By comparing the Grand to a symphony, I realized that we both faced the same competition: home entertainment systems that allowed patrons to watch movies or listen to CDs at home. So I started looking for more compelling reasons to get people out to the theater, like providing a live score to a silent film and having weekly film discussion groups with every new movie.

Importantly, this exercise also helped me realize that even though the Grand was superficially similar to a community theater operation, our business models, our products, and our basic operations were radically different. Understanding the business models of other organizations helped me ensure that I wouldn’t draw the wrong lessons and embark on a project that was ill-suited to us—no matter how well it did for another arts organization.

I don’t mean to suggest that these comparisons were quick and easy to make or that the answers I took away are as simple as I portray here. But I do know that while I was at the Grand we faced a million threats to the theater (tenant/landlord issues, local competition, rapidly changing technology, competition with home media, competition for grants and donations, tight parking, customer retention, etc) that many—if not most—arts organizations face.

Looking at how arts organizations outside your field handle those threats will help you see opportunities and solutions you might have missed before.

In addition to his work in the performing arts, Erik is the author of erikemery.com, a blog that covers news and happenings in Seattle’s South Sound.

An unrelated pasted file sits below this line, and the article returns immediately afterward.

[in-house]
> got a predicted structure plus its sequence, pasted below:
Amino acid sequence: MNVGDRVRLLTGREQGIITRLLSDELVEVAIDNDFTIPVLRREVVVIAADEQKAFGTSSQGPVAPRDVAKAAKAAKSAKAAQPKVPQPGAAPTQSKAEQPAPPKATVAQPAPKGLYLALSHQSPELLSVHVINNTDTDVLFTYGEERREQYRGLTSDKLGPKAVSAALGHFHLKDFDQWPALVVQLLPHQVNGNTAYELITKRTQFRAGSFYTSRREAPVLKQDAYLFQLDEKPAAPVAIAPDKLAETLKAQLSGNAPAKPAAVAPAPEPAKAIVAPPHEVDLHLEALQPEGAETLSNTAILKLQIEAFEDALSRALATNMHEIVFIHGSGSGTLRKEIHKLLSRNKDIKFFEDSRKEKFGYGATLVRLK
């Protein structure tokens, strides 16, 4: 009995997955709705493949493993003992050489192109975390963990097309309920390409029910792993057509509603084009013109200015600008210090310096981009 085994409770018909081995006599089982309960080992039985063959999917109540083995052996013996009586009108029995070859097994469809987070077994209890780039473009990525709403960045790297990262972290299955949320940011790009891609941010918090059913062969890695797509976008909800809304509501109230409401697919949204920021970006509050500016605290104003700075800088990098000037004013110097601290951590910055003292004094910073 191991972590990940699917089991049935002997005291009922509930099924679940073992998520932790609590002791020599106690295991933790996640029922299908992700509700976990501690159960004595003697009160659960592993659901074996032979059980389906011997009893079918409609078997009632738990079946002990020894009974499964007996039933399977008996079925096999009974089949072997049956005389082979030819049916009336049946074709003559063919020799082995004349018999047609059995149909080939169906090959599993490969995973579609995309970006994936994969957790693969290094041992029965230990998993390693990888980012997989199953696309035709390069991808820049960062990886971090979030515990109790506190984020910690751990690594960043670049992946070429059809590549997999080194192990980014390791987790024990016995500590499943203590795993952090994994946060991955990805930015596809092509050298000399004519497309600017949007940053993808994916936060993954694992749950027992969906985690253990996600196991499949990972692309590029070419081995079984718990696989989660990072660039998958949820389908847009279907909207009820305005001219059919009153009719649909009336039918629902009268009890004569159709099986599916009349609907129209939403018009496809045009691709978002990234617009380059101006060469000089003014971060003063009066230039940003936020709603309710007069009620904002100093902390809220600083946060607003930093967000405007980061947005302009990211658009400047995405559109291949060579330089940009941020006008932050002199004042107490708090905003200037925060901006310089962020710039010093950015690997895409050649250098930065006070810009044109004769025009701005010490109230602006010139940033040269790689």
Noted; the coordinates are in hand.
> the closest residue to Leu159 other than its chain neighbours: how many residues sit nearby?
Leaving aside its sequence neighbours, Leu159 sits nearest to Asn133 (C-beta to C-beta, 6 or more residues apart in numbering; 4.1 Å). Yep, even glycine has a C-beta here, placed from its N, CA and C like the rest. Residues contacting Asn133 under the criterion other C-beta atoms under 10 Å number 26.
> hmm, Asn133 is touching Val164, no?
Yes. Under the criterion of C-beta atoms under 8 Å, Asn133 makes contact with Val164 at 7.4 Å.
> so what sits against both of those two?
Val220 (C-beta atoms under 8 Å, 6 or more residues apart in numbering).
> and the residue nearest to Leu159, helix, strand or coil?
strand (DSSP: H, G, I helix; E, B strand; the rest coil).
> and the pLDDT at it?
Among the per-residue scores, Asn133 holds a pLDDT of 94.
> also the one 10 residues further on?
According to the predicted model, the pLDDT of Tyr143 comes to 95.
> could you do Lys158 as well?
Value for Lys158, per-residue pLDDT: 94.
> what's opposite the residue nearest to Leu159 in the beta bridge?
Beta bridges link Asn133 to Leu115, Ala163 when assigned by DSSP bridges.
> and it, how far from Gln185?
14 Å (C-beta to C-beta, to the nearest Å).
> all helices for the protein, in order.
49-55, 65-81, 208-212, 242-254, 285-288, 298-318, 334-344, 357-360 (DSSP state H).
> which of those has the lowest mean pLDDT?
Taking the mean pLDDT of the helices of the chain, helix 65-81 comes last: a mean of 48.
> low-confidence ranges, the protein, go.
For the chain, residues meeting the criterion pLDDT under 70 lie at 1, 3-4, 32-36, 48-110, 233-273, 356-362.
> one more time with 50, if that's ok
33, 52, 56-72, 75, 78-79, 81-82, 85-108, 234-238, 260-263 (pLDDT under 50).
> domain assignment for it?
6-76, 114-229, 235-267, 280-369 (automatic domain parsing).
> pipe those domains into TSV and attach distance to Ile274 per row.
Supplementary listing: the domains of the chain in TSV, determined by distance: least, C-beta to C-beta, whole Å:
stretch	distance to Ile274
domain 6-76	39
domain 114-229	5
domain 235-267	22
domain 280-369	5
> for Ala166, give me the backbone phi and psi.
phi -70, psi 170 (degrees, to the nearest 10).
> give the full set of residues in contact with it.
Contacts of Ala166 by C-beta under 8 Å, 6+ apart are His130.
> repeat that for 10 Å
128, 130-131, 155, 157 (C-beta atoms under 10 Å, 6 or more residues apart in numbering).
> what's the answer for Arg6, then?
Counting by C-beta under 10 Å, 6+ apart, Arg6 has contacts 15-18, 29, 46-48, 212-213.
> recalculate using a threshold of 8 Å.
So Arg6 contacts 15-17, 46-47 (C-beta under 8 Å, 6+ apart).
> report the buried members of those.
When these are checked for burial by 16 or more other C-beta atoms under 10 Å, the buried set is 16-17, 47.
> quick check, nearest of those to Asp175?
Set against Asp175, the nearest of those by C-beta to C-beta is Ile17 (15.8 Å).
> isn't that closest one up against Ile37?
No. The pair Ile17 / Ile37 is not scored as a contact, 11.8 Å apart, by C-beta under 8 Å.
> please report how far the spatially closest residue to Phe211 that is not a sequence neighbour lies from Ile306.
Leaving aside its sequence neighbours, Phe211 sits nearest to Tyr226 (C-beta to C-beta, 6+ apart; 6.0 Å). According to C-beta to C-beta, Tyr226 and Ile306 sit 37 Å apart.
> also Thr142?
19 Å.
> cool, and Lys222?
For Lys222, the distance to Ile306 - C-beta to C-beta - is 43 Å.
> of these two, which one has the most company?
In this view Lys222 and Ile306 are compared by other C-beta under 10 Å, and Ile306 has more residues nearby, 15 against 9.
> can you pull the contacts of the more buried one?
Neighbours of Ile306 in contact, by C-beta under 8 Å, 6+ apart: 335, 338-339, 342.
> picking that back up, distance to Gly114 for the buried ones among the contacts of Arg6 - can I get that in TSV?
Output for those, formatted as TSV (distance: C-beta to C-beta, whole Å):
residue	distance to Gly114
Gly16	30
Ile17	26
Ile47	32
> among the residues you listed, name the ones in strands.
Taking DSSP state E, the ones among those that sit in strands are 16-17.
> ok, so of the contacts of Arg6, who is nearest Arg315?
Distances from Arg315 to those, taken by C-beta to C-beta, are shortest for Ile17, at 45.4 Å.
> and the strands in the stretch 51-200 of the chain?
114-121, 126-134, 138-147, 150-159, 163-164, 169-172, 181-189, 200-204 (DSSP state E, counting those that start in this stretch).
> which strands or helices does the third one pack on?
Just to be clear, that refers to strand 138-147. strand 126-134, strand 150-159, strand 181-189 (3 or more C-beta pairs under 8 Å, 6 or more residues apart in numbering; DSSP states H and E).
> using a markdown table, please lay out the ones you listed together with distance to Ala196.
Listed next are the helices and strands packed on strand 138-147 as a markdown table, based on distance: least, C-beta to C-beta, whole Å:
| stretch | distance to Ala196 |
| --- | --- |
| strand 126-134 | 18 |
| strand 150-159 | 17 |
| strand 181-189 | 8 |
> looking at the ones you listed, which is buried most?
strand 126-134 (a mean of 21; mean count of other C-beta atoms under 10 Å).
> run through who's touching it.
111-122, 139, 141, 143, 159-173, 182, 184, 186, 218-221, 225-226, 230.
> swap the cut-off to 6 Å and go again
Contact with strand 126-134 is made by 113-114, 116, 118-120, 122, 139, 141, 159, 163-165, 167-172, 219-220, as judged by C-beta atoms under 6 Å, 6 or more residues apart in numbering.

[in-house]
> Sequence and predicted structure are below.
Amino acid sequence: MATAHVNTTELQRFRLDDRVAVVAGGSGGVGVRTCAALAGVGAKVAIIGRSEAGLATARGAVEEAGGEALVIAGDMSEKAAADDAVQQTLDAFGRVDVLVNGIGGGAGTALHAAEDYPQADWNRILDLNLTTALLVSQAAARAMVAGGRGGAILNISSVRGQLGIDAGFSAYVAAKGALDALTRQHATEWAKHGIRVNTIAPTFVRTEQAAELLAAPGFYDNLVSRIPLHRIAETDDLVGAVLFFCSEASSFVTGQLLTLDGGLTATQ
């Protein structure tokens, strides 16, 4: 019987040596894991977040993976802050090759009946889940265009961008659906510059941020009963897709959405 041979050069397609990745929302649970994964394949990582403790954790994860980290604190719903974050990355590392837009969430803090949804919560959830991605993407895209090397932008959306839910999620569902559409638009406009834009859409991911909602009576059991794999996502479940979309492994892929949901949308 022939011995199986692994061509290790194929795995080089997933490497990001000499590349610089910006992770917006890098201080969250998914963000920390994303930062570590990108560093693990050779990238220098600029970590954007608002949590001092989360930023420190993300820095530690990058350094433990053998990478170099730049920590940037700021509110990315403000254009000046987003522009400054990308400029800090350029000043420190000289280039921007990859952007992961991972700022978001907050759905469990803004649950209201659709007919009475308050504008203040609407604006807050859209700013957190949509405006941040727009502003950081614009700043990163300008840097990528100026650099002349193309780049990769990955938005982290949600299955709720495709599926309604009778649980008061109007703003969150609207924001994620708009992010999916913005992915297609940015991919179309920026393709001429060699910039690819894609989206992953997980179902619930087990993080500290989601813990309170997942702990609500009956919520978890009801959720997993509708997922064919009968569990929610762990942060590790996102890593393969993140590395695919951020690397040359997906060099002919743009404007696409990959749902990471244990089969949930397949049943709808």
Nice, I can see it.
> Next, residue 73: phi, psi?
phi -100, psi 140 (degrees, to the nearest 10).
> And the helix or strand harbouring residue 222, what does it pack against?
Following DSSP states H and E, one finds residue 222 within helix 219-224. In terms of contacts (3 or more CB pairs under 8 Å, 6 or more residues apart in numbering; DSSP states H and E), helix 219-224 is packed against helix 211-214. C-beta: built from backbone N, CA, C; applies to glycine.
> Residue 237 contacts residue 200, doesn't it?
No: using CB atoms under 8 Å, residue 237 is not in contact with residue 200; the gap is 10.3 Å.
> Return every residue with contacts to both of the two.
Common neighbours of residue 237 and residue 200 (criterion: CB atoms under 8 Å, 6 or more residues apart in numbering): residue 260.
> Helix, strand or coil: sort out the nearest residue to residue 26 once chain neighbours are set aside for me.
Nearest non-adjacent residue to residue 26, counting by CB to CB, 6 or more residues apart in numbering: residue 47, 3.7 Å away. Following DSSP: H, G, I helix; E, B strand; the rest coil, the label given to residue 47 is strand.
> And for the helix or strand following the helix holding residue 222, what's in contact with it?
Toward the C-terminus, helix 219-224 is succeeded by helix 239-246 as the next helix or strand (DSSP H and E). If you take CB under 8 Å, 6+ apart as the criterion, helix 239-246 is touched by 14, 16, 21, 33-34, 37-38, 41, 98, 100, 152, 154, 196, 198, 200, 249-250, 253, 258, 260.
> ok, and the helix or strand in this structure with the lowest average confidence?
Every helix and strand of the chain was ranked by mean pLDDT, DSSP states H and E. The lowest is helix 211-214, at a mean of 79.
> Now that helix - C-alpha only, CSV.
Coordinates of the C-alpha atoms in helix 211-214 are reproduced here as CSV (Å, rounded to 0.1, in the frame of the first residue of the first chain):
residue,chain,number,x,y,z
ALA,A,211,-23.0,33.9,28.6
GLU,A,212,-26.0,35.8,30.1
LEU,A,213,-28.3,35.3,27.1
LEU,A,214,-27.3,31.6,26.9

About Drew McManus

"I hear that every time you show up to work with an orchestra, people get fired." Those were the first words out of an executive's mouth after her board chair introduced us. That executive is now a dear colleague and friend but the day that consulting contract began with her orchestra, she was convinced I was a hatchet-man brought in by the board to clean house.

I understand where the trepidation comes from as a great deal of my consulting and technology provider work for arts organizations involves due diligence, separating fact from fiction, interpreting spin, as well as performance review and oversight. So yes, sometimes that work results in one or two individuals "aggressively embracing career change" but far more often than not, it reinforces and clarifies exactly what works and why.

In short, it doesn't matter if you know where all the bodies are buried if you can't keep your own clients out of the ground, and I'm fortunate enough to say that for more than 15 years, I've done exactly that for groups of all budget size from Qatar to Kathmandu.

For fun, I write a daily blog about the orchestra business, provide a platform for arts insiders to speak their mind, keep track of what people in this business get paid, help write a satirical cartoon about orchestra life, hack the arts, and love a good coffee drink.